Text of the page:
Cinergie – Il cinema e le altre arti. N.20 (2021), 97–112
ISSN 2280-9481

Watching Historical Films Through AI: Reflections on Image Retrieval from Heritage Collections

Beatriz Tadeo FuicaUniversité Sorbonne Nouvelle, Paris 3 (France)

She is a research associate at the IRCAV, Université Sorbonne Nouvelle – Paris 3, where she developed the Marie Sklodowska-Curie project “TRANSARCHIVES: Film Heritage and Archival Practices: Past and Present Transcontinental Encounters”. She holds a PhD from the University of St Andrews (UK).

Olivier BuissonFrench Audiovisual National institute (INA) (France)

He is a senior researcher at the INA’s Research Department. For 20 years, he has been leading research activities in Artificial Intelligence to explore and annotate very large corpora of images and videos. His specific research topics are: Interactive Machine Learning, object or content retrieval, discovery and mining, large scale similarity search (High-dimensional indexing structures, Hashing methods). He holds a PhD from Université de La Rochelle (France).

Claude MussouFrench Audiovisual National institute (INA) (France)

She is the head of INA-thèque, INA’s department in charge of making the collections available for research purposes and developing academic usage. She graduated from a 2-year training program in Digital Humanities at Sciences Po in Paris (France).

Submitted: 2021-06-16 – Revised version: 2021-10-21 – Accepted: 2021-10-23 – Published: 2021-12-20


Computer tools allow us to watch films differently and offer film scholars the opportunity to ask diverse research questions and imagine innovative methods. This article focuses, more precisely, on how film historians could benefit from Artificial Intelligence (AI), a tool which has not been used much in the field. The objective is to share a first round of experiments using Snoop, an AI developed by a collaboration between the French National Audiovisual Institute (INA) and the National Institute for Research in Digital Science and Technology (INRIA), on a corpus of historical films that, because they have been aired on television, are available for research from the INA collections. Following an exploratory approach, Snoop allowed us to retrieve shared motifs in a corpus of historical films. In addition to discussing challenges and findings, this article aims to evaluate the overall experience and open new lines of inquiry. From a historiographical point of view, we aim to assess whether, and if so, how, AI systems are useful tools for the implementation of different methods that both answer new research questions and revisit old ones.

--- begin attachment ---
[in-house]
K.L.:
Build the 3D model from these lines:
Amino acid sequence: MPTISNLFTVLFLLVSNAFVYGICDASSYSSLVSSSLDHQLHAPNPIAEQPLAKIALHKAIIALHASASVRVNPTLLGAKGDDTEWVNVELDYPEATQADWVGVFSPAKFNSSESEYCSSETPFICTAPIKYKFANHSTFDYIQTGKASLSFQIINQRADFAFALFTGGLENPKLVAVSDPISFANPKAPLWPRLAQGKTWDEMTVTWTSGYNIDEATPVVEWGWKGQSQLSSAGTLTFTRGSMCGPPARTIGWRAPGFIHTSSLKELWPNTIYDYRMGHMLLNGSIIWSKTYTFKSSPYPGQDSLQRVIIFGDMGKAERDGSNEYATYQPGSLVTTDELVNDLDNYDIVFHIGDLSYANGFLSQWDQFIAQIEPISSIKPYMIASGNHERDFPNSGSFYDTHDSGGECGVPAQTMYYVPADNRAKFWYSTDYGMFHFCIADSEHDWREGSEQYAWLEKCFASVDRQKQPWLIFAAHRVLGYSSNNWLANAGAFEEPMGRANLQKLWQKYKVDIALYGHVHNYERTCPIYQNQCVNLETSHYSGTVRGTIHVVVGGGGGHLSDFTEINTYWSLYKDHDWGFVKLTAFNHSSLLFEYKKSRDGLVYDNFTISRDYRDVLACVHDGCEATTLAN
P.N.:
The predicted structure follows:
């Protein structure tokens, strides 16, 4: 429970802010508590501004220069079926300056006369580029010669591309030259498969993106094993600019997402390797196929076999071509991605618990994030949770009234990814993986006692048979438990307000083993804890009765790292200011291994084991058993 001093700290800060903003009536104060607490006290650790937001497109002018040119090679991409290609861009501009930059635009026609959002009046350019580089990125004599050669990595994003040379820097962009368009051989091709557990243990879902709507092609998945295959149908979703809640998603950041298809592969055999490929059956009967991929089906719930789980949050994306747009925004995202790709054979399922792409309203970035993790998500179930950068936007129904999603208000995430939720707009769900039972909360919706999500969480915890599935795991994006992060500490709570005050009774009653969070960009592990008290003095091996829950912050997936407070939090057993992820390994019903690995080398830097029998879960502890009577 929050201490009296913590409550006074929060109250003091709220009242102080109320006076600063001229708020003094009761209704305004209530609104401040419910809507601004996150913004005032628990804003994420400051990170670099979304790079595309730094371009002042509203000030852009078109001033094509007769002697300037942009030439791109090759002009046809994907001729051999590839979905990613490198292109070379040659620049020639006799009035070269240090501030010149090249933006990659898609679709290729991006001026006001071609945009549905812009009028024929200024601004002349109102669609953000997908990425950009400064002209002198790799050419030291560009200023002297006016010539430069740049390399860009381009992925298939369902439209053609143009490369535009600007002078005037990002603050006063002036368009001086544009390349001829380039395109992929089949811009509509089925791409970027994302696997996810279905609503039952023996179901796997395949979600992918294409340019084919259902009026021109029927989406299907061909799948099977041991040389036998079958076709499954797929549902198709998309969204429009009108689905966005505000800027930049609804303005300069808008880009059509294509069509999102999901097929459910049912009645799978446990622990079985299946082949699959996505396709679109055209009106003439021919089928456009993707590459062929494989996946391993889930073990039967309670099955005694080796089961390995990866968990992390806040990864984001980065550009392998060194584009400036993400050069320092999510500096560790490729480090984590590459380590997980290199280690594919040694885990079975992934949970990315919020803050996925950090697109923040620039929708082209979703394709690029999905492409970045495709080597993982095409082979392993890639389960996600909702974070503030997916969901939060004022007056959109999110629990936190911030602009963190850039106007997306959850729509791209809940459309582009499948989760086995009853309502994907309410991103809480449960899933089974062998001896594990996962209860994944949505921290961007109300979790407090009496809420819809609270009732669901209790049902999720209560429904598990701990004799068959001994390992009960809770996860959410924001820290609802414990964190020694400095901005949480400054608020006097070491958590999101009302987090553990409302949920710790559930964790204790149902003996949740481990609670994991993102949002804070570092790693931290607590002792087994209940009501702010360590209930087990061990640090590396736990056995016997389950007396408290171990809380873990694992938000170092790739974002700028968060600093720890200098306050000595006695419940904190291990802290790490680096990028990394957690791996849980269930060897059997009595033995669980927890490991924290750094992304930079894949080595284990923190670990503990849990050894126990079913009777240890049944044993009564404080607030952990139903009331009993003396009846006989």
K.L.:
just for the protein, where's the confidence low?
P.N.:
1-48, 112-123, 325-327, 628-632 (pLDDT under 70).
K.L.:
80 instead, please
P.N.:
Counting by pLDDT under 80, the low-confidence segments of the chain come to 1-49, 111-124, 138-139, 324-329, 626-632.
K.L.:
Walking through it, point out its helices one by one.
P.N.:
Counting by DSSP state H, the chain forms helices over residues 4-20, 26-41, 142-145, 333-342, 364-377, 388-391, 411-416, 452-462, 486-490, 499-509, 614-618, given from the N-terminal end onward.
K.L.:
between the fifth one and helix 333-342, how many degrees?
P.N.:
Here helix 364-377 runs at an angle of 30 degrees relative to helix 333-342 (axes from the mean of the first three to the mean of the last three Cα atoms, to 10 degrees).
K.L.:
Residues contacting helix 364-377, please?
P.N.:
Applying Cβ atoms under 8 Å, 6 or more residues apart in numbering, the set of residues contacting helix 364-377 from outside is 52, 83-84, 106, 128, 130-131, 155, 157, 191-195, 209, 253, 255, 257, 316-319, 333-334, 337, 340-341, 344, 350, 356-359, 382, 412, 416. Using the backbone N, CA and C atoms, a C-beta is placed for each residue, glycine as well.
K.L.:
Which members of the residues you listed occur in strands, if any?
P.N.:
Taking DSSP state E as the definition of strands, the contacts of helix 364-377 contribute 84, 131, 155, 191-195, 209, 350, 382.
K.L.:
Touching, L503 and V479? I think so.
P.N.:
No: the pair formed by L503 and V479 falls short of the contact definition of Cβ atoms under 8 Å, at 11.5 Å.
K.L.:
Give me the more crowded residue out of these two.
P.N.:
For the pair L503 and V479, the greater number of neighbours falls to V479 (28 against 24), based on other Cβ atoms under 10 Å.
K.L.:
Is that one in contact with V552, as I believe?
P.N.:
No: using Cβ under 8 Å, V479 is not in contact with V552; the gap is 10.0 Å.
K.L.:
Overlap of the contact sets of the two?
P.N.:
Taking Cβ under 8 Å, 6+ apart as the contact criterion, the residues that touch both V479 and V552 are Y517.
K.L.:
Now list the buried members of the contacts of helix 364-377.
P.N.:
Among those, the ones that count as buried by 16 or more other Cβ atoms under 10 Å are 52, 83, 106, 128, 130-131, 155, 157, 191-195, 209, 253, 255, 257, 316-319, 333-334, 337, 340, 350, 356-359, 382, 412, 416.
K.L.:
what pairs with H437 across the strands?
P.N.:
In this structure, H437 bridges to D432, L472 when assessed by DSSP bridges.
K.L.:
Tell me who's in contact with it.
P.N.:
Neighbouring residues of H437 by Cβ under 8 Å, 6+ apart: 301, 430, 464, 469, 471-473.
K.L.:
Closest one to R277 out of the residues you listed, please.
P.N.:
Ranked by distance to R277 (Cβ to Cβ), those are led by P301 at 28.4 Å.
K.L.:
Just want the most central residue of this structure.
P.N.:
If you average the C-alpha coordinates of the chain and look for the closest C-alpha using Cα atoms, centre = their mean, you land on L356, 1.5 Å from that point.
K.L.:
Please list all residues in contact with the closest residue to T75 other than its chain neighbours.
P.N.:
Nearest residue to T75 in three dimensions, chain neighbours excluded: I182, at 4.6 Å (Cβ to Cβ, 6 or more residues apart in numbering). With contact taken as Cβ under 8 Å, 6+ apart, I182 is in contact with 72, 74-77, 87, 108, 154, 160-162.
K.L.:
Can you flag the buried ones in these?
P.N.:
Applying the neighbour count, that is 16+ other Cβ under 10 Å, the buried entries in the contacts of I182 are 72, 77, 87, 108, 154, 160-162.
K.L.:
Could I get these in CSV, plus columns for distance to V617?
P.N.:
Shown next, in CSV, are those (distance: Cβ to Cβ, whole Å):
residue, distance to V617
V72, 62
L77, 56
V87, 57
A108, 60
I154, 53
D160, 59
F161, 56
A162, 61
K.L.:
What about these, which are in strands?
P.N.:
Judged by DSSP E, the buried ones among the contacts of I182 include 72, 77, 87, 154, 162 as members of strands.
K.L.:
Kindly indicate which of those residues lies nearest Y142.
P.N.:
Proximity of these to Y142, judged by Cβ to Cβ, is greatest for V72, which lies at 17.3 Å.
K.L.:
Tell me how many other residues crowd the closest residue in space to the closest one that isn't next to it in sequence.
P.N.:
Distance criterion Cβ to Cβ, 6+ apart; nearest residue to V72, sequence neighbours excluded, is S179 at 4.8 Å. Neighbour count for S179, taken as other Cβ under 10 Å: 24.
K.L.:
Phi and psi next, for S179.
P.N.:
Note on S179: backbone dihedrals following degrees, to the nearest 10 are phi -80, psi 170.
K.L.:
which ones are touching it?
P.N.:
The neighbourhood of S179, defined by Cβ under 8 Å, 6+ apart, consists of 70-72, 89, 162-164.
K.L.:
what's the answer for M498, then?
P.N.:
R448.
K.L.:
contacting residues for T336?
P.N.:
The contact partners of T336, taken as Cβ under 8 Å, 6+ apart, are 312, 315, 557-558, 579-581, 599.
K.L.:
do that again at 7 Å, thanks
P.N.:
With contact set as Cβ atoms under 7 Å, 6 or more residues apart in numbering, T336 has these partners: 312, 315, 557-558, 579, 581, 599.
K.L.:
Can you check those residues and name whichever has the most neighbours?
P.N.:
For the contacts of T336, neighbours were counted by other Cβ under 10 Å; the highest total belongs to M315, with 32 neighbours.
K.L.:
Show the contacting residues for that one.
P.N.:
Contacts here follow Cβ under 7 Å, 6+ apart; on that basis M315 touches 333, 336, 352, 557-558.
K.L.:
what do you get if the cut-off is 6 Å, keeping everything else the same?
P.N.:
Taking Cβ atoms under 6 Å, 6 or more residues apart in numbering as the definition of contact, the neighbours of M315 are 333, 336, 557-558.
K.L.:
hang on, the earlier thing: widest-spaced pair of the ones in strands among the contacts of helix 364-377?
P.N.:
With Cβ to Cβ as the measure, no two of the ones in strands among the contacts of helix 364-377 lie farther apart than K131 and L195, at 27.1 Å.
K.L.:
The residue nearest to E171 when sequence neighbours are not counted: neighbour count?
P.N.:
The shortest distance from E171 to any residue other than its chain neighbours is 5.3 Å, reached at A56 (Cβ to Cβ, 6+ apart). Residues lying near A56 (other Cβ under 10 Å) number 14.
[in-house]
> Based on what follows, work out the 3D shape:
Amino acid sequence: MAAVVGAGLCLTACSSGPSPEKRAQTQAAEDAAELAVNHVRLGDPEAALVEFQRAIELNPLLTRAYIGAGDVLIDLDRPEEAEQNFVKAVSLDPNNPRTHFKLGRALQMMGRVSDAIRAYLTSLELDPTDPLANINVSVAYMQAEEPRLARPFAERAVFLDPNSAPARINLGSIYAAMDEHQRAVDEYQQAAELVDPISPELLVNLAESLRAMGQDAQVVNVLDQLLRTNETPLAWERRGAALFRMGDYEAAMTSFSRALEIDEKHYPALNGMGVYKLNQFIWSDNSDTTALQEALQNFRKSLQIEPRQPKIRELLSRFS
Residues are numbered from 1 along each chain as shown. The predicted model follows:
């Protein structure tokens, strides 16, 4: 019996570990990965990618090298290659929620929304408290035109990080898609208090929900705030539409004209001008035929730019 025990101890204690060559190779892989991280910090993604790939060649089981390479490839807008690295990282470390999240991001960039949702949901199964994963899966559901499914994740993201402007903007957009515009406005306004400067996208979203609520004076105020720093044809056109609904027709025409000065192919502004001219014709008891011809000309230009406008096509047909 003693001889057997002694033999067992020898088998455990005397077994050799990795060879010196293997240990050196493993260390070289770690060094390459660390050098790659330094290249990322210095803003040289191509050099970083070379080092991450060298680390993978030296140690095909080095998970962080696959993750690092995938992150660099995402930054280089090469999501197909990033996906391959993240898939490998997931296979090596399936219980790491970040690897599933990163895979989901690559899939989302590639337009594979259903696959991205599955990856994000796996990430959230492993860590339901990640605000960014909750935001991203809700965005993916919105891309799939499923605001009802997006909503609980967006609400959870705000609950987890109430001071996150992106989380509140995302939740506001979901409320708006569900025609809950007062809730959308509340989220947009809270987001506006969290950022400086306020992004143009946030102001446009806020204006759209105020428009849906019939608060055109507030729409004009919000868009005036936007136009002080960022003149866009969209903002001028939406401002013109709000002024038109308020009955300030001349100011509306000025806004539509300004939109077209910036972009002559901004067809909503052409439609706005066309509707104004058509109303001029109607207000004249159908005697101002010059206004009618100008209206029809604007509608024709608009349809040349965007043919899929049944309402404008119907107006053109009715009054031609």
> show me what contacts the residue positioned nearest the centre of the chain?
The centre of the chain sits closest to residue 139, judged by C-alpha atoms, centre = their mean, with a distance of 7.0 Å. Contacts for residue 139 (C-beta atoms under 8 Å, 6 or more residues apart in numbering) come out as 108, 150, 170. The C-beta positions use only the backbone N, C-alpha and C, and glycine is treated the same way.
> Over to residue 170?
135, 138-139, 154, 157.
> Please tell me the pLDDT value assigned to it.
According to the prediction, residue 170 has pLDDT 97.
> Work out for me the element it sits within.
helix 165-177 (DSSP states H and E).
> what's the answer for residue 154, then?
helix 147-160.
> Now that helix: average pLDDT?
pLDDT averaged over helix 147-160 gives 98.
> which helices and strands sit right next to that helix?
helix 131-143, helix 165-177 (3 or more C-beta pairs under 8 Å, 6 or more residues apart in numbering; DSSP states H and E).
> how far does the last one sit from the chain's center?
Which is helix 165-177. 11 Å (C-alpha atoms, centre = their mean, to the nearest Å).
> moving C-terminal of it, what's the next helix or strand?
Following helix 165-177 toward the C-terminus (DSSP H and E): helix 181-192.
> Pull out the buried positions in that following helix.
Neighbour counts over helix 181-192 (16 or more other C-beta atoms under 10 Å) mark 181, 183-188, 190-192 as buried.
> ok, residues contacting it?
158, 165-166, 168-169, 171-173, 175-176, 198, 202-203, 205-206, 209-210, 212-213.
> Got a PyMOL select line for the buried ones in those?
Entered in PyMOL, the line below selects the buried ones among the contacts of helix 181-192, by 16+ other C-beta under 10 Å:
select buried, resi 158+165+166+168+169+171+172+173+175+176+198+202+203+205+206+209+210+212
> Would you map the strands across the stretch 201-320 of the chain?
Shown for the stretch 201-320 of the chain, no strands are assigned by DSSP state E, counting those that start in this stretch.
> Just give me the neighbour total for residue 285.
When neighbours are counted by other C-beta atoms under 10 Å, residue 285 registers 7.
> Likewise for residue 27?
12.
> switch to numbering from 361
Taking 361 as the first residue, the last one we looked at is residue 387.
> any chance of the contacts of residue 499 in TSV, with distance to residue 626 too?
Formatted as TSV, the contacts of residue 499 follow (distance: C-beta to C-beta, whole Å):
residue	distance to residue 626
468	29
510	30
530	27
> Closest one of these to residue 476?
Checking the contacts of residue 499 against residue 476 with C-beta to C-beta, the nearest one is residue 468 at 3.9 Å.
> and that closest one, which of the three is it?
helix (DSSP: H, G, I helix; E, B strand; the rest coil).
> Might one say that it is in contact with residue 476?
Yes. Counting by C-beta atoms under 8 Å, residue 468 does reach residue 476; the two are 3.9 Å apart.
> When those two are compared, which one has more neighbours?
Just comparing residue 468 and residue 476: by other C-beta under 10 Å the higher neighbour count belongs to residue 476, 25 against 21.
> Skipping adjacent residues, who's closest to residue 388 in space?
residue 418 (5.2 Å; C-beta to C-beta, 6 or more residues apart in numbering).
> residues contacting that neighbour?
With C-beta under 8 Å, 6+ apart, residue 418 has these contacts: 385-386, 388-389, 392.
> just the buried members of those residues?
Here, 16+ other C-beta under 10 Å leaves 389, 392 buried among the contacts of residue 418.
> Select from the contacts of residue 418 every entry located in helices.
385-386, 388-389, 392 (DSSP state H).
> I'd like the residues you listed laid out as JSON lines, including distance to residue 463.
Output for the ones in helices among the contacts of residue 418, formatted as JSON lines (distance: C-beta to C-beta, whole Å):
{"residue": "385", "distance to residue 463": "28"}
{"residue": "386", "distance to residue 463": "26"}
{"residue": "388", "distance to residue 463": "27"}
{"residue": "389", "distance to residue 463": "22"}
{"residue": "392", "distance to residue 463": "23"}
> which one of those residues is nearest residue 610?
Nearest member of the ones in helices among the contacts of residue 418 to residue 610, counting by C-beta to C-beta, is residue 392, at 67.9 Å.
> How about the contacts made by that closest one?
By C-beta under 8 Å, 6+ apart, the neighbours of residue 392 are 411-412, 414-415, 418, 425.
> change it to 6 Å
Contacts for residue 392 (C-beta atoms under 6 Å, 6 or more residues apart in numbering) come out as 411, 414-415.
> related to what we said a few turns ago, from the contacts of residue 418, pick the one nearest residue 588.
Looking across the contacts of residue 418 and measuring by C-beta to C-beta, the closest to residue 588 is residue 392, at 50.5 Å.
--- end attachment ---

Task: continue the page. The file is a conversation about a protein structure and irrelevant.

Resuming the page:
Keywords: Film History; Audiovisual Archives; Digital Cinema; Artificial Intelligence; Object Retrieval.

1 Introduction

In the aftermath of the Second World War, numerous Cinematheques started opening around the world and the activities of the International Federation of Film Archives (FIAF) regained force, facilitating an exhibition circuit via which the public regained contact with archival films (Tadeo Fuica 2019: 28–32). This contributed to questioning the ways in which film history had been written until that moment and gave birth to a deep historiographic debate. In response to histories such as those written, for example, by Maurice Bardèche and Robert Brasillach (1935), which were mostly based on cinephiles’ memories, authors such as George Sadoul (1946, 1947, 1948, 1949) and Jean Mitry (1968) developed more rigorous methodologies, highlighting the importance of film watching and contextualisation (Louis 2020: 117–30). A few decades later, the combination of archivists’ needs to preserve their materials and the academic willingness to regain contact with historical approaches, prepared the terrain for a new turn in the field (Elsaesser 2012: 592–93). The 1978 Brighton FIAF Congress is broadly considered as the event which materialised this change because it gave scholars the opportunity to watch archival pieces of early cinema (Gaudreault et al. 2012: 3). This contact with archival treasures allowed researchers to revisit the teleological approaches followed until then, which had marginalised and undervalued early cinema (Gaudreault and Gunning 1989). This congress also served to emphasise the need for collaboration between archivists and historians to move the discipline forward (Gaudreault 2006, Gunning 2006).